28 Oct

Might Be Good review of Hystrionics…

There is a figure in the history of the circus side-show who embodied the freak and the familiar and is often overlooked. Supposedly saved from a life of sexual slavery in the Harems of Turkish nobility by entrepreneurial showbiz men like P.T. Barnum, the Circassian beauties were said to be the most beautiful women in the world. With an exotic sounding name and hair teased high in an afro-like halo, the Circassian beauty’s alabaster skin reflected both a familiar and idealized beauty to bourgeois Victorian audiences as well as an otherized specter on which to lay their fantasies and sympathies.

Margaret Meehan digs deep into the registers of 19th century history for facts and mythologies to explore, explode and reassemble. Her work often investigates the quality of viewership, what it means to be a spectator—a gawker, a consumer of art and entertainment. In Hystrionics and the Forgotten Arm, on view at Women and Their Work, Meehan applies the metaphoric structure of the boxing ring to the tale of the Circassian beauty evoking a theater of structured violence by which exploitation and atrocity is made entertainment. Read More…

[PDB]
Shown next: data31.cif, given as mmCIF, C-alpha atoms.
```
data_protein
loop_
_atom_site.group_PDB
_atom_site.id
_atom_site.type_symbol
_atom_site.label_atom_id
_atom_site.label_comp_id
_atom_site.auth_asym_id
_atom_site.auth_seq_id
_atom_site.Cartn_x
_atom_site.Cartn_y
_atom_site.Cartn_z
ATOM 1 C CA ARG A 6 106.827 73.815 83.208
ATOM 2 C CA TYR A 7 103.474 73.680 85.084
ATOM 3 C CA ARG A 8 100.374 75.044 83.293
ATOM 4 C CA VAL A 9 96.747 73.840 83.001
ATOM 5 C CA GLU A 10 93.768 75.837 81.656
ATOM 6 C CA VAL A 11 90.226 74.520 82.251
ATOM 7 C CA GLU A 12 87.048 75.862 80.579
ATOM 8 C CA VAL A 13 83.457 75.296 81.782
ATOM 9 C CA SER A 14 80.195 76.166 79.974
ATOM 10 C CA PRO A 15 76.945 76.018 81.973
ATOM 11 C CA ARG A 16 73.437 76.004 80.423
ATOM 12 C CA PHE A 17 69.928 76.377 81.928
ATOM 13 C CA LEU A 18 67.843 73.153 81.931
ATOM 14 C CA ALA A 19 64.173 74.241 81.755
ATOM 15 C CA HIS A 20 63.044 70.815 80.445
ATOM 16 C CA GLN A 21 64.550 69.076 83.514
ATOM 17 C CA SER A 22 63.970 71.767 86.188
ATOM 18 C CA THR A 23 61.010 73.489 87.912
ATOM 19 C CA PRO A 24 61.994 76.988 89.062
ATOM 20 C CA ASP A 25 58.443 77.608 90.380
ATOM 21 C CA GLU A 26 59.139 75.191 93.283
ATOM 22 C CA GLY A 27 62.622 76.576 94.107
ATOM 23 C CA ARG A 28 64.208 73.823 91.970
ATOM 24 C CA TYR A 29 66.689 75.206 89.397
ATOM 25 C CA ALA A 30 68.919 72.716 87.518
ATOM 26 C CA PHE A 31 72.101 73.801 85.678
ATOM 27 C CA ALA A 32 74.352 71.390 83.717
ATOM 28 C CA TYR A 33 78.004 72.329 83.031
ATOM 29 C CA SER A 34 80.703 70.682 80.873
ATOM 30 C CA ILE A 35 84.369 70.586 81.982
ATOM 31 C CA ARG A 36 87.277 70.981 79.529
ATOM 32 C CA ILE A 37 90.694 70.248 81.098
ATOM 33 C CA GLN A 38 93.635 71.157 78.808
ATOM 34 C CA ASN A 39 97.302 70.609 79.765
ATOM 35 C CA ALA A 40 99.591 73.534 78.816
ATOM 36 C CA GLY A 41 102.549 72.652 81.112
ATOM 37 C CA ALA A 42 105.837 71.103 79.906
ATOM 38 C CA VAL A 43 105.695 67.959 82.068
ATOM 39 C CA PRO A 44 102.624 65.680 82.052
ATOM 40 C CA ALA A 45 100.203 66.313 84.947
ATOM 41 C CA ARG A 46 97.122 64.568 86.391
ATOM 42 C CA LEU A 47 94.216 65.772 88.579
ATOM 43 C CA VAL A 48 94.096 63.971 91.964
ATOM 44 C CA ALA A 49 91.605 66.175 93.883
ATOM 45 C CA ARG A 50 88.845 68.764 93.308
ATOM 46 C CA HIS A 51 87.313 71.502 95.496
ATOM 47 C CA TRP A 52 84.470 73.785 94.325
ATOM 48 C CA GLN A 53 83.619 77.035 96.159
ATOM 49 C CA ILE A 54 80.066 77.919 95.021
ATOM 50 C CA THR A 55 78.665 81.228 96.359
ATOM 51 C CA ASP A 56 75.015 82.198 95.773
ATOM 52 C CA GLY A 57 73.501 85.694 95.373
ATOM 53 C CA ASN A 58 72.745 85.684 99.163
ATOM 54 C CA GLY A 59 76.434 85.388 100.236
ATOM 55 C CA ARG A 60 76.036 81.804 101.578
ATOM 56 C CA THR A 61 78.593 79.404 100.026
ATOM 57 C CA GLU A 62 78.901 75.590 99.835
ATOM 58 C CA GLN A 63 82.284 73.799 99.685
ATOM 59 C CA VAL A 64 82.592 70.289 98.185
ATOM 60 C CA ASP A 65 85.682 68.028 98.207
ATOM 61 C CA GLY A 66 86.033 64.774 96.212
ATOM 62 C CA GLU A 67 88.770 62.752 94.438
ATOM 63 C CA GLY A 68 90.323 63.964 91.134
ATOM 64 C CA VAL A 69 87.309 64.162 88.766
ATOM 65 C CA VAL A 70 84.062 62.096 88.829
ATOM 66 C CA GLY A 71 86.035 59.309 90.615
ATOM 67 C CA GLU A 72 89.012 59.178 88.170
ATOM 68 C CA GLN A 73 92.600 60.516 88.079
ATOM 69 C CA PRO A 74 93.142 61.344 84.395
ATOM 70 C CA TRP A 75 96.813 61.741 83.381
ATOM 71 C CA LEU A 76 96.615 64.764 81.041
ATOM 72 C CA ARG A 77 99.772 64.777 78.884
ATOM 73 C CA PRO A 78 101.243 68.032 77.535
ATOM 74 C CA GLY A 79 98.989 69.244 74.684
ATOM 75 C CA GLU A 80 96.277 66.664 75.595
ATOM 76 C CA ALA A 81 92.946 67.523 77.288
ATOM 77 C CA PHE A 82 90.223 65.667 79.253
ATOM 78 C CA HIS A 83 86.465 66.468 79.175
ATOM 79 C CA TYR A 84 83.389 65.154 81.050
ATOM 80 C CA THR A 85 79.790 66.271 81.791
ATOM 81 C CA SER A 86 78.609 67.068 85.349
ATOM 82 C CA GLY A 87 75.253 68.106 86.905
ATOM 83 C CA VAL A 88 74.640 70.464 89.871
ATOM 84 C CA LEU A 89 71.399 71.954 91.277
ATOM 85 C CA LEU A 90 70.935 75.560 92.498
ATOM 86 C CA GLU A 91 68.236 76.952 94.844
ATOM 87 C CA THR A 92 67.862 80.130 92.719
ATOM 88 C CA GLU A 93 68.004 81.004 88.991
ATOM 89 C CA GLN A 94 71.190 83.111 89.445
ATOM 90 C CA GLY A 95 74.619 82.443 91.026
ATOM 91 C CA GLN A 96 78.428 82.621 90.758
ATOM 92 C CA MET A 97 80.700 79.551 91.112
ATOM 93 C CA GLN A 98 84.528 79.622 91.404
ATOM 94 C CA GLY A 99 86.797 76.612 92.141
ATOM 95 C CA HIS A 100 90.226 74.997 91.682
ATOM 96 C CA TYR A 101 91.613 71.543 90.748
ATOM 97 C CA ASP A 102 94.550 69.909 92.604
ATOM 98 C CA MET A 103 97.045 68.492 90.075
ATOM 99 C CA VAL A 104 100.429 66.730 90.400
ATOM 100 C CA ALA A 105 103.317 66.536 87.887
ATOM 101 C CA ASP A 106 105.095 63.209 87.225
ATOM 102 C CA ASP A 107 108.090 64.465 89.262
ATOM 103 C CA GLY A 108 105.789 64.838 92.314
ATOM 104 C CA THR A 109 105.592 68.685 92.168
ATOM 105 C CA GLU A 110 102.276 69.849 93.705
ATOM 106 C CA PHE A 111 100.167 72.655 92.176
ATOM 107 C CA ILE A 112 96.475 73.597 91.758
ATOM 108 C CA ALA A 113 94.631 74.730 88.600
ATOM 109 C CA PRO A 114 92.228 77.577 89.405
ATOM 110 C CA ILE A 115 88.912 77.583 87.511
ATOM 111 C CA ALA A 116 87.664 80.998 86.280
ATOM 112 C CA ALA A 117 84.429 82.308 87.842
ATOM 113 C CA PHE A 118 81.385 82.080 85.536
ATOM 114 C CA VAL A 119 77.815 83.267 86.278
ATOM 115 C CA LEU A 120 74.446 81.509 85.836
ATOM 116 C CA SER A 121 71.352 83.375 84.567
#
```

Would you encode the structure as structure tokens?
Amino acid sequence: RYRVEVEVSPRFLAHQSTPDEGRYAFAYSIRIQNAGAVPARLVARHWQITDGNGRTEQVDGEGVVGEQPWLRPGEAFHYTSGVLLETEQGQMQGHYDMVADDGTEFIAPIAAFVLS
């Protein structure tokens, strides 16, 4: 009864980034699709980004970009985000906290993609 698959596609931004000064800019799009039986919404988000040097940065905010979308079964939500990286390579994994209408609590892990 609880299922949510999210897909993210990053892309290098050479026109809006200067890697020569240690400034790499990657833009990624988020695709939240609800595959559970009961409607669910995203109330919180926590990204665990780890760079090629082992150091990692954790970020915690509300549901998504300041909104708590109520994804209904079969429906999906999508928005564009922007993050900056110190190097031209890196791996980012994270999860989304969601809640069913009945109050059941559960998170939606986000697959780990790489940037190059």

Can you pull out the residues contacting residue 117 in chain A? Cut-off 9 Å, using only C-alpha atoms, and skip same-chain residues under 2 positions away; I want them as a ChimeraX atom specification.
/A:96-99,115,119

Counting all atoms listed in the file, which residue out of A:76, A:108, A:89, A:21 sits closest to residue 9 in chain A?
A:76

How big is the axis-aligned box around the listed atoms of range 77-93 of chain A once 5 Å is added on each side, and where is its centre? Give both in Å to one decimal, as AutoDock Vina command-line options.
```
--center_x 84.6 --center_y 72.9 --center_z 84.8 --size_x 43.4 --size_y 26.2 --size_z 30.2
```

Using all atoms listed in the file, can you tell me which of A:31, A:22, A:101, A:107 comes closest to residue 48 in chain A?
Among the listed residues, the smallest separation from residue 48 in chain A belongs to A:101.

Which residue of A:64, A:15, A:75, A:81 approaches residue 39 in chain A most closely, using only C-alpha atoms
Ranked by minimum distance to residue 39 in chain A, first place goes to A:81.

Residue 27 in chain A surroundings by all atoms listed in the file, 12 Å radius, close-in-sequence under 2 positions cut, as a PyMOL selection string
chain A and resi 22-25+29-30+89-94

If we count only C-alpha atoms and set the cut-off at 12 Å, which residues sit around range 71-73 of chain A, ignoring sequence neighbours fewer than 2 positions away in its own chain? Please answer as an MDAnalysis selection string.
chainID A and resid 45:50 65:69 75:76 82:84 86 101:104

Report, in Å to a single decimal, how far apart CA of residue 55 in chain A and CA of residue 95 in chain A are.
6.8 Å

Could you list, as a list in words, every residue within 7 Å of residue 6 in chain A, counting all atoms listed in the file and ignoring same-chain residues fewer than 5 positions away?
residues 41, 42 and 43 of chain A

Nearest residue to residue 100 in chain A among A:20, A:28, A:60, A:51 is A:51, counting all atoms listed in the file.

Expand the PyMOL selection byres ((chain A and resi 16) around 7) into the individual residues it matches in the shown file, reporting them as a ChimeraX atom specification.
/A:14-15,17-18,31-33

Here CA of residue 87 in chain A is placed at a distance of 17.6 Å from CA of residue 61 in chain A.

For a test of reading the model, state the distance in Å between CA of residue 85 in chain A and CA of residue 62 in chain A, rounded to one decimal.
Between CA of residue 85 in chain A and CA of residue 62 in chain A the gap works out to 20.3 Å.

20 Oct

Austin 360: New Exhibit Examines Outsider Status

By Luke Quinton

There is something not right about the first picture. A model in a snow-white gown is staring straight at you, into the camera. It’s fairly serene. But she has a white beard, actually more of a mane, linking forehead to chest, as if she hopped out of Narnia to warn you about the nefarious queen.

But below, out of focus, you realize that she is also wearing white boxing gloves. This is where “The Pugilist” comes in. Read more…